Minister of Science and Technology Rupert T Griffith has said young women will join their male counterparts in effecting transformation as active participants and flourishing contributors in the digital economy premised on their pursuit of Information and Communication Technology (ICT) careers like scientists, aeronautical engineers and business innovators.
He also said the presence of about 350 pupils from 14 schools including Tobago was an indication curriculum areas including Science, Technology, Engineering and Mathematics (STEM) will soon experience a transformation.
He spoke last Wednesday at the Second Women and Girls in ICT Forum at the National Academy for the Performing Arts (NAPA), Port of Spain. The pupils listened to motivational speakers and they visited a plethora of booths where they got informative literature and paraphernalia.
Griffith said: “We are already on the journey of change. You have bolstered my resolve to do even more, because I recognise what we do and what we are trying to advance is neither useless nor insignificant. But rather it can contribute to the foundational work required to develop a truly inclusive and modern society. We must be grateful for the opportunities afforded here to pursue education in diverse fields.”
Griffith added: “Our intention is to encourage and use and apply technology in a manner that will stimulate critical thinking, problem-solving and the development of skills that will help you to absorb new knowledge all your life. I sincerely hope ICT will open your eyes and minds in various ways in which Science and Technology can impact upon your personal life, career, development of your communities and the future development of the country and the world. You are the generation of this Information Age since you are seemingly born with an intrinsic understanding of technology.”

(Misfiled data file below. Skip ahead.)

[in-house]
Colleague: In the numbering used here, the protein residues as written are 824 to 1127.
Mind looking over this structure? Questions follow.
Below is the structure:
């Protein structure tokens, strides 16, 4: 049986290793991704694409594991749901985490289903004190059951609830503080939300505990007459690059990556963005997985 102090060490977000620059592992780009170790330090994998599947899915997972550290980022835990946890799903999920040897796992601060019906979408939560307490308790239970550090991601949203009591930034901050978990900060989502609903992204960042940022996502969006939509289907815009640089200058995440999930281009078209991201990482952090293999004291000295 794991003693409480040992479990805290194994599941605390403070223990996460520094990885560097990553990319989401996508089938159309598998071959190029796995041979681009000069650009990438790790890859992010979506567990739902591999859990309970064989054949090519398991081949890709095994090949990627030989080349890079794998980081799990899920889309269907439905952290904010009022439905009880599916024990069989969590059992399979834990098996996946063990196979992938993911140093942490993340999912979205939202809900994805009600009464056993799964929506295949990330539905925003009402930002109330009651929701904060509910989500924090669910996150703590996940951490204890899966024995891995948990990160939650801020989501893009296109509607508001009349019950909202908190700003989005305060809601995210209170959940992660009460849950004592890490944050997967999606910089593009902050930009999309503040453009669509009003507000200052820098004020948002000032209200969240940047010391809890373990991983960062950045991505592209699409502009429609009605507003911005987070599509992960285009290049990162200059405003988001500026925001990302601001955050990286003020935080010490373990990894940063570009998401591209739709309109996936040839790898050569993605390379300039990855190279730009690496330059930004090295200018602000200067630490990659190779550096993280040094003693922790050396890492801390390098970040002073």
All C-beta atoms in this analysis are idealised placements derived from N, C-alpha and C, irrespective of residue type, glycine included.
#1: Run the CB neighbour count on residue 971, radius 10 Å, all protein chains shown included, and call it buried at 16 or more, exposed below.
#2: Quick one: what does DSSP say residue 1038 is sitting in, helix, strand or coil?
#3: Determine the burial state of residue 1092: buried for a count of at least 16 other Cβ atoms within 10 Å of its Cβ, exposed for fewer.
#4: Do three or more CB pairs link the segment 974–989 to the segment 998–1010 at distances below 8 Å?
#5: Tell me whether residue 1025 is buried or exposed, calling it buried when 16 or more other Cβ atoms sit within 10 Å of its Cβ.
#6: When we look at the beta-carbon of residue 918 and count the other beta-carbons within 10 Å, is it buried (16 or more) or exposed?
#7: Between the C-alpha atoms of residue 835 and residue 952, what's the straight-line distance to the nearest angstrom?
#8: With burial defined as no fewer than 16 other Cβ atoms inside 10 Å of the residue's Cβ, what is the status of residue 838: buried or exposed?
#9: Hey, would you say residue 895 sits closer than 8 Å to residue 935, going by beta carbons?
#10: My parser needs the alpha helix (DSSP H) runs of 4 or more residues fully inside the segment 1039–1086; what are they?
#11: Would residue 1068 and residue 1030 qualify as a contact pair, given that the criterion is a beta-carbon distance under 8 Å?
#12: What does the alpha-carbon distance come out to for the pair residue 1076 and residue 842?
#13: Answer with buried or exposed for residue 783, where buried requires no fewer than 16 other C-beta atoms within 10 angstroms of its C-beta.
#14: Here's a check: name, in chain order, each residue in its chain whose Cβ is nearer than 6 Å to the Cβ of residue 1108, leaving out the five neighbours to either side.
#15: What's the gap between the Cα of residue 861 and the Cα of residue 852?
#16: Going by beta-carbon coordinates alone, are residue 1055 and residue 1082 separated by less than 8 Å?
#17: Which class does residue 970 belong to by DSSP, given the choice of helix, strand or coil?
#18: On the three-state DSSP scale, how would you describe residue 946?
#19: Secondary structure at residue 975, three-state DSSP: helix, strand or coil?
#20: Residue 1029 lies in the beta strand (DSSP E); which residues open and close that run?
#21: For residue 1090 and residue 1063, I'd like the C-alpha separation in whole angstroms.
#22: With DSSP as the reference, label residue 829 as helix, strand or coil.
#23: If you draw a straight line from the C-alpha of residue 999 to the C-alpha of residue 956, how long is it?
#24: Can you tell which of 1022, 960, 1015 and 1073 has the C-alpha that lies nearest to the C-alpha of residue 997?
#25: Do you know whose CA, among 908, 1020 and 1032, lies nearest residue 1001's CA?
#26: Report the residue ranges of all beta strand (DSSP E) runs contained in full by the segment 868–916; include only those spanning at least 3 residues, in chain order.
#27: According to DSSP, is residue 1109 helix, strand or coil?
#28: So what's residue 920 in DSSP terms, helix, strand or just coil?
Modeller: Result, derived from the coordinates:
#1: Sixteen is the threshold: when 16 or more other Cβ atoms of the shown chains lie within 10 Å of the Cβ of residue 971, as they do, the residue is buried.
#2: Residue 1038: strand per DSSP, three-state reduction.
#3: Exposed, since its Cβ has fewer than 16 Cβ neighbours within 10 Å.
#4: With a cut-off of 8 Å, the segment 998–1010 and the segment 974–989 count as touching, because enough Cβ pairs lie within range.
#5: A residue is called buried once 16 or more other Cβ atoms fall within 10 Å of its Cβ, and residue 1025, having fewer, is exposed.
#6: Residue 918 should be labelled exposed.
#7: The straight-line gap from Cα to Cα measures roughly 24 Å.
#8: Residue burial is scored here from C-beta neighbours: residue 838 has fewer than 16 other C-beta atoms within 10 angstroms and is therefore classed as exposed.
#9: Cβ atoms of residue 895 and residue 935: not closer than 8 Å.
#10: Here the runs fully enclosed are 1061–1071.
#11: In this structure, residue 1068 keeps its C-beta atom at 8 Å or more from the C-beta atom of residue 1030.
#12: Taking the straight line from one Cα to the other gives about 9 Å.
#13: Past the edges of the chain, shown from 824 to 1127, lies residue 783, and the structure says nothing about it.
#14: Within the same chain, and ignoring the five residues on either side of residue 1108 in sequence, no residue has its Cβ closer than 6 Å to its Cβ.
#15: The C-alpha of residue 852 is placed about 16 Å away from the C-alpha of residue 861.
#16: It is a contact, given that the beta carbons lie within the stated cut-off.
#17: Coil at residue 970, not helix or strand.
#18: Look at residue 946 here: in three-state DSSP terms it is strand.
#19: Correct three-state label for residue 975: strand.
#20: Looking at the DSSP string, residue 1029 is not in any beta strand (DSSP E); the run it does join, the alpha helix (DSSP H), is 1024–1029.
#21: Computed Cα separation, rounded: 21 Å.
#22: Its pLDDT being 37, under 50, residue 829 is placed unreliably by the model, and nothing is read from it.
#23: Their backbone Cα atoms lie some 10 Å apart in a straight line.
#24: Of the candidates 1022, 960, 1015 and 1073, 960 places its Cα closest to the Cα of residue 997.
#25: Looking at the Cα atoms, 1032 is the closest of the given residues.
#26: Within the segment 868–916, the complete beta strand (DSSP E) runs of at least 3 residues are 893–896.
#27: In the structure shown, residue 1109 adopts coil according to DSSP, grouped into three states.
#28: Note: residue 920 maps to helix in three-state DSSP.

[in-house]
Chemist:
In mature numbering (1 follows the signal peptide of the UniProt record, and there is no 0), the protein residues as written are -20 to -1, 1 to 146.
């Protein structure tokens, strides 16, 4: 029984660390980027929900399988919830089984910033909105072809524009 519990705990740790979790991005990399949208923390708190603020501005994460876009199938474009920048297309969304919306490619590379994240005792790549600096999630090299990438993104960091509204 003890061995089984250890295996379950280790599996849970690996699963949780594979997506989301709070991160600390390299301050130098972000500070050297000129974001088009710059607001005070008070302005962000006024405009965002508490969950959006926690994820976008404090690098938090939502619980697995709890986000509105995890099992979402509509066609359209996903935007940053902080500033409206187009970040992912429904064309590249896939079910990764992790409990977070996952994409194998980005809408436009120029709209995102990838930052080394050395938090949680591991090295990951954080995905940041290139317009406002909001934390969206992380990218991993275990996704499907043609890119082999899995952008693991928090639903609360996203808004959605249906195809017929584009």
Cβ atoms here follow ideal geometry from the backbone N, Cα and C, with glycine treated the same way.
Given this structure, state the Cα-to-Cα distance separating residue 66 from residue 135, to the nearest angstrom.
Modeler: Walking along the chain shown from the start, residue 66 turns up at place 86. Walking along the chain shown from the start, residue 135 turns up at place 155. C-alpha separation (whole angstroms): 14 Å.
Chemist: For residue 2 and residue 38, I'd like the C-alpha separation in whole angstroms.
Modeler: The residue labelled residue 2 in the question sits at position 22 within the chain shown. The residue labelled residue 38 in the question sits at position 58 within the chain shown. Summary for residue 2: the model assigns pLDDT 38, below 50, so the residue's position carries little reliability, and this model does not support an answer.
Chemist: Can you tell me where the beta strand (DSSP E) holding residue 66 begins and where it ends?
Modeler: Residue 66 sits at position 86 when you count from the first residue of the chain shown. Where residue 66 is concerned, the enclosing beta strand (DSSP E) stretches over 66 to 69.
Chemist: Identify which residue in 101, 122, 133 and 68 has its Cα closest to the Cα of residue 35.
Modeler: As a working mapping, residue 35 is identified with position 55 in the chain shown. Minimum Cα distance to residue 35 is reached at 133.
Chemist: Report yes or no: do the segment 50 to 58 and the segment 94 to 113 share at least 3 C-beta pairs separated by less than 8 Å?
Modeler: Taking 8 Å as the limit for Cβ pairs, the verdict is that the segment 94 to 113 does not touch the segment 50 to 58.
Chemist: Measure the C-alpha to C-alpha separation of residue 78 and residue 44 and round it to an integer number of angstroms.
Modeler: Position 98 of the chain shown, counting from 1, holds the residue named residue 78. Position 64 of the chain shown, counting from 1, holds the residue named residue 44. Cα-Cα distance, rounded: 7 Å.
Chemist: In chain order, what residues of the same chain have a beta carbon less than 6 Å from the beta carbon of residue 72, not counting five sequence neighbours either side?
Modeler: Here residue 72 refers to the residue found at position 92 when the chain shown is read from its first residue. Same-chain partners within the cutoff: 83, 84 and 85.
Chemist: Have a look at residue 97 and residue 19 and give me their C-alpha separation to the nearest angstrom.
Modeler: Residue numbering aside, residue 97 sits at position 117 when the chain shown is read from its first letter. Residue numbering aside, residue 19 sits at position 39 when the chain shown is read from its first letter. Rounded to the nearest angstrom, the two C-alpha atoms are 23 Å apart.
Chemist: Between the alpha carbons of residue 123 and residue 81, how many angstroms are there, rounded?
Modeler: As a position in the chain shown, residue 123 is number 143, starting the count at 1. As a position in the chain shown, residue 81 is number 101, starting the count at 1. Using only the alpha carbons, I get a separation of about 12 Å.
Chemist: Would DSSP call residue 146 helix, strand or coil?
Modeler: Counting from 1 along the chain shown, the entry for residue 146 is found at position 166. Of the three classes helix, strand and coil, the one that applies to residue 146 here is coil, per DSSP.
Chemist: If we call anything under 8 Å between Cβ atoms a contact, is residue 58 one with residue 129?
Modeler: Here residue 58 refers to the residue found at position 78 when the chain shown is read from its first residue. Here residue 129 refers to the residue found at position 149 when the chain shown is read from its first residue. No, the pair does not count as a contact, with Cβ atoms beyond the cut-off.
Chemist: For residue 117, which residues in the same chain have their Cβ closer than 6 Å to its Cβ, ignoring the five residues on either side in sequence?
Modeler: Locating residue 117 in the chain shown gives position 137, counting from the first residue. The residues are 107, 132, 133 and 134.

Griffith also said while “50 per cent of households own at least one personal computer while enjoying access to a plethora of radio and television stations, there was still much to be done”.
But he said the nation must rise to the challenge by striving to secure a competitive edge in a world where daily technological advancements reduce today’s innovations to tomorrow’s antiques.
Griffith said: “Let not our small size or our vulnerabilities hinder our drive for success. Rather we must use our strengths to forge a path in a world that is being made increasingly smaller by information and communication technology.”
Griffith called for a minute of silence as an expression of solidarity with the Nigerian girls who were kidnapped by Islamic militant group Boko Haram and deprived of their education. Boko Haram means “Western Education is sin”.
He also left everyone with the inspirational quote from 19th-century astronomer Maria Mitchell, “We have a hunger of the mind which asks for knowledge all around us, and the more we gain, the more is our desire, the more we see, the more we are capable of seeing.”